Resilient demand and constrained supply are expected to sustain rental outperformance in key university cities, according to the most recent DWS Alternatives Research. Here is a brief overview.
Following several years of pandemic-related slowdown, recent investor surveys1 show that student housing is back at the top of investors' wish lists. Undersupply is a feature of most European markets, and demand continues to rise. Educational attainment rates
are still growing in many European countries, particularly in Southern and Eastern Europe. In addition, international students continue to find Europe an attractive study destination due to the concentration of high-quality universities and cultural offerings. Tertiary attainment rates are also increasing rapidly in countries like India, resulting in intense competition for university places and making India one of the fastest-growing exporters of students to the U.K. As a result, the sector has seen strong rental growth, which is likely to continue for the next few years as demand/supply imbalances persist.
At a time when market uncertainty is at a cyclical high due to rapid rate hikes, geopolitical tensions and the possibility of a recession, investors are looking for sectors which offer resilience through economic cycles. Student housing returns have tended to be less sensitive to economic cycles in the past. In the UK, where data goes back to before the Global Financial Crisis (GFC), rental growth increased in 2009 when real GDP growth fell by 4% as the newly unemployed returned to education or existing students chose to prolong their studies. The correlation between student housing and GDP is weaker than for offices, offering the potential to boost portfolio performance during an economic downturn.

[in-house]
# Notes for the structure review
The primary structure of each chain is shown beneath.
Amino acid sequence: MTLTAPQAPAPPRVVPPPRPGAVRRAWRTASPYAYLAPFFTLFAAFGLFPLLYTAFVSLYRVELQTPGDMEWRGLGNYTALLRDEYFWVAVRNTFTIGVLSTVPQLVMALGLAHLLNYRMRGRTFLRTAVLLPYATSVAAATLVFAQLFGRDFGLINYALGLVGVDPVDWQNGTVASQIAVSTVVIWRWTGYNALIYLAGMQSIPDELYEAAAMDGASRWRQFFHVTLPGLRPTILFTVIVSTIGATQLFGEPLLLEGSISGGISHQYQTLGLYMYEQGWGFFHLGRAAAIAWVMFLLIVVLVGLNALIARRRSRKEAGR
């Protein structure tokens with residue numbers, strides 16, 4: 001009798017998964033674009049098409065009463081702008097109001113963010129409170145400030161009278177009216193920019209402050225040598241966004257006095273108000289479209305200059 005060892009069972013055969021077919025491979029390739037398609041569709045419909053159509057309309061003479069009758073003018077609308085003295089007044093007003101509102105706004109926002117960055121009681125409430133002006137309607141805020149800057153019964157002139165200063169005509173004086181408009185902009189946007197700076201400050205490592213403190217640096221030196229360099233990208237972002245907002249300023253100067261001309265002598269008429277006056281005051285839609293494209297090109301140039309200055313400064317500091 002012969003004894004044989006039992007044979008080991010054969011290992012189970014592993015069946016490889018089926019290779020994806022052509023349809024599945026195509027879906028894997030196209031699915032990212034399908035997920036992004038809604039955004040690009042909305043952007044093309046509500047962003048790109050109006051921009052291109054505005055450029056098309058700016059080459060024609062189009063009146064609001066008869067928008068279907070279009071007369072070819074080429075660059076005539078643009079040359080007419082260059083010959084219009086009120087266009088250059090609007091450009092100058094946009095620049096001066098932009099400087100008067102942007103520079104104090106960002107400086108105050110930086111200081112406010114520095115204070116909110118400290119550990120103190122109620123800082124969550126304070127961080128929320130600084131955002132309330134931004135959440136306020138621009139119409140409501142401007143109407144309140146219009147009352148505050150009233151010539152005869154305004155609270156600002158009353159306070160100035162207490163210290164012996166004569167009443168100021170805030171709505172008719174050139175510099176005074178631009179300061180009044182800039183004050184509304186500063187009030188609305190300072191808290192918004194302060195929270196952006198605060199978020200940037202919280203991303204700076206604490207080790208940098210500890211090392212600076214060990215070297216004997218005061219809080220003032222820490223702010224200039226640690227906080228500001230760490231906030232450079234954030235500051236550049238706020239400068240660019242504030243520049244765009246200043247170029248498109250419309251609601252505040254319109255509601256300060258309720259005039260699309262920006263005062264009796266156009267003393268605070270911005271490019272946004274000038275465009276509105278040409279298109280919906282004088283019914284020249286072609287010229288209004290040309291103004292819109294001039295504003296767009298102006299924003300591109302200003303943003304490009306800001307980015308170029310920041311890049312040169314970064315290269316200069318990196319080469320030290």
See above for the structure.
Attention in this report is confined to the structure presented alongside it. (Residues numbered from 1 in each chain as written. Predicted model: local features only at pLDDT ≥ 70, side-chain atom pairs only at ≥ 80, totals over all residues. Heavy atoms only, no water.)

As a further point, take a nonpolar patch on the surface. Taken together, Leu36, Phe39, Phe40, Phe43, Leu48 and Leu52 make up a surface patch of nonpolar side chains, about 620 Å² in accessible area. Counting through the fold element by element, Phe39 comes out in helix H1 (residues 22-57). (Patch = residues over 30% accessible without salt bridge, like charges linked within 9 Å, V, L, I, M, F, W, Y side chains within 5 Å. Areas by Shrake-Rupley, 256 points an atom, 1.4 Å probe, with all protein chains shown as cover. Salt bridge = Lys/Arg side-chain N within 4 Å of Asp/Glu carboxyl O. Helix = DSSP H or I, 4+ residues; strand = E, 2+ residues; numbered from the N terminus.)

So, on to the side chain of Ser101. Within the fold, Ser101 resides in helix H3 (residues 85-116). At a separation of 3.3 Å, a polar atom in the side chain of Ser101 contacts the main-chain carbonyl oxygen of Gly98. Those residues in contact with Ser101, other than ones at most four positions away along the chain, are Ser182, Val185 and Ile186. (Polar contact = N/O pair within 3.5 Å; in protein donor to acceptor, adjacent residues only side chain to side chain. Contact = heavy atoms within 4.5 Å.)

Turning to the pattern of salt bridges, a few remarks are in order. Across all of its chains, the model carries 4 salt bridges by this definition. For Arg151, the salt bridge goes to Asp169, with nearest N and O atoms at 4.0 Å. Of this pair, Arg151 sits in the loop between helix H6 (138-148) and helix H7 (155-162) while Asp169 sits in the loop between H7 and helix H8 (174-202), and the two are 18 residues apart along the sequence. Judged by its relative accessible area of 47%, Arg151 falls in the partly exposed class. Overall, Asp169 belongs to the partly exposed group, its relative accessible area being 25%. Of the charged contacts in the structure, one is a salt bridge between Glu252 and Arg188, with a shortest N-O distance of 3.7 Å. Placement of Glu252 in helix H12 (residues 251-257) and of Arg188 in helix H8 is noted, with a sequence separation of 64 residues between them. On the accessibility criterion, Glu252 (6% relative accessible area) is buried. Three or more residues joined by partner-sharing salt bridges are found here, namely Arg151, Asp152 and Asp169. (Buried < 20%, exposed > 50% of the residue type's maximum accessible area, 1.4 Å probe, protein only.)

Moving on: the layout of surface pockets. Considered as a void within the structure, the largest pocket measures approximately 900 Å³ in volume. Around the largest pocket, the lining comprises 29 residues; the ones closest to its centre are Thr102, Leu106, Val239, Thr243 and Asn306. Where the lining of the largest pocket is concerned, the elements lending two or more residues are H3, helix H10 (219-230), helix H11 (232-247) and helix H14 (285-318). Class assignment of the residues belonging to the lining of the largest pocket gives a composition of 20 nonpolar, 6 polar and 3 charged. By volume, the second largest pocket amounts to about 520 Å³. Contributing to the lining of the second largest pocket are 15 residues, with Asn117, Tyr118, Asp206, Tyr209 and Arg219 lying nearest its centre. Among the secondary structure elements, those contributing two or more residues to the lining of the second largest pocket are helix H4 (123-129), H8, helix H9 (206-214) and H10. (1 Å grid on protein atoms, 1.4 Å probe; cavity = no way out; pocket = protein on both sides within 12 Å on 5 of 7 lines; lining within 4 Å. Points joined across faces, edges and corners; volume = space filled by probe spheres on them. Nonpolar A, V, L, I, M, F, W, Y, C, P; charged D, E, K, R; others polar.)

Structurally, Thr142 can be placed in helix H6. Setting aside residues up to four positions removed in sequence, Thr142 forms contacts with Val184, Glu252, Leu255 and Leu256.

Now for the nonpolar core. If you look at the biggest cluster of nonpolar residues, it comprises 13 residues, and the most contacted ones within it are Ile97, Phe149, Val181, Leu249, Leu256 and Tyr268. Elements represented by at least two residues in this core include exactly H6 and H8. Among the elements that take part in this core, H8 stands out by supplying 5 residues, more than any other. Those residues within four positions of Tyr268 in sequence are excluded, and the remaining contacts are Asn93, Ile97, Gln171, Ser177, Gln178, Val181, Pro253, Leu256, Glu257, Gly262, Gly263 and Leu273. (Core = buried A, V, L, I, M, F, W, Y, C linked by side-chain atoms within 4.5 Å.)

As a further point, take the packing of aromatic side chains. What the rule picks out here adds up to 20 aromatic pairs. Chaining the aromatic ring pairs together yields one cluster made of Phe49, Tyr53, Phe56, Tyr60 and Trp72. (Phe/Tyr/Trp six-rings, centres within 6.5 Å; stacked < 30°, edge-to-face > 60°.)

Demographic trends are also a supporting factor of student demand, although this is not true for every European country. The U.K., Sweden, Spain, and Poland still have strong growth in the number of 15-24 year-olds over the next decade. Most other European countries have some growth, while the Netherlands, Denmark, and Portugal are forecast to see numbers of domestic students decline. Attracting international students by offering English-taught programmes will be important for universities in these markets to sustain student numbers.
The other main part of the equation is supply. Except for a handful of UK markets, most of Europe lacks a supply of student housing to meet demand. In Italy, Poland, Portugal, and Spain, the issue is particularly acute. In Milan, in early 2023 there were even student protests against the exorbitant rental prices students faced in the city.
The final area to consider is liquidity. In 2013, investment into student housing in Europe totalled €3.5b but by 2022, this figure was over €15b. While this still only represents 5% of overall real estate investment volumes, the growth is significant. A major source of this development in the market has been the growth in investment opportunities in European markets outside the UK. Ten years ago, the UK represented over 80% of investment volumes in the student housing sector in Europe. By 2022, this figure had fallen to two-thirds of the total, despite a rise in total UK volumes.
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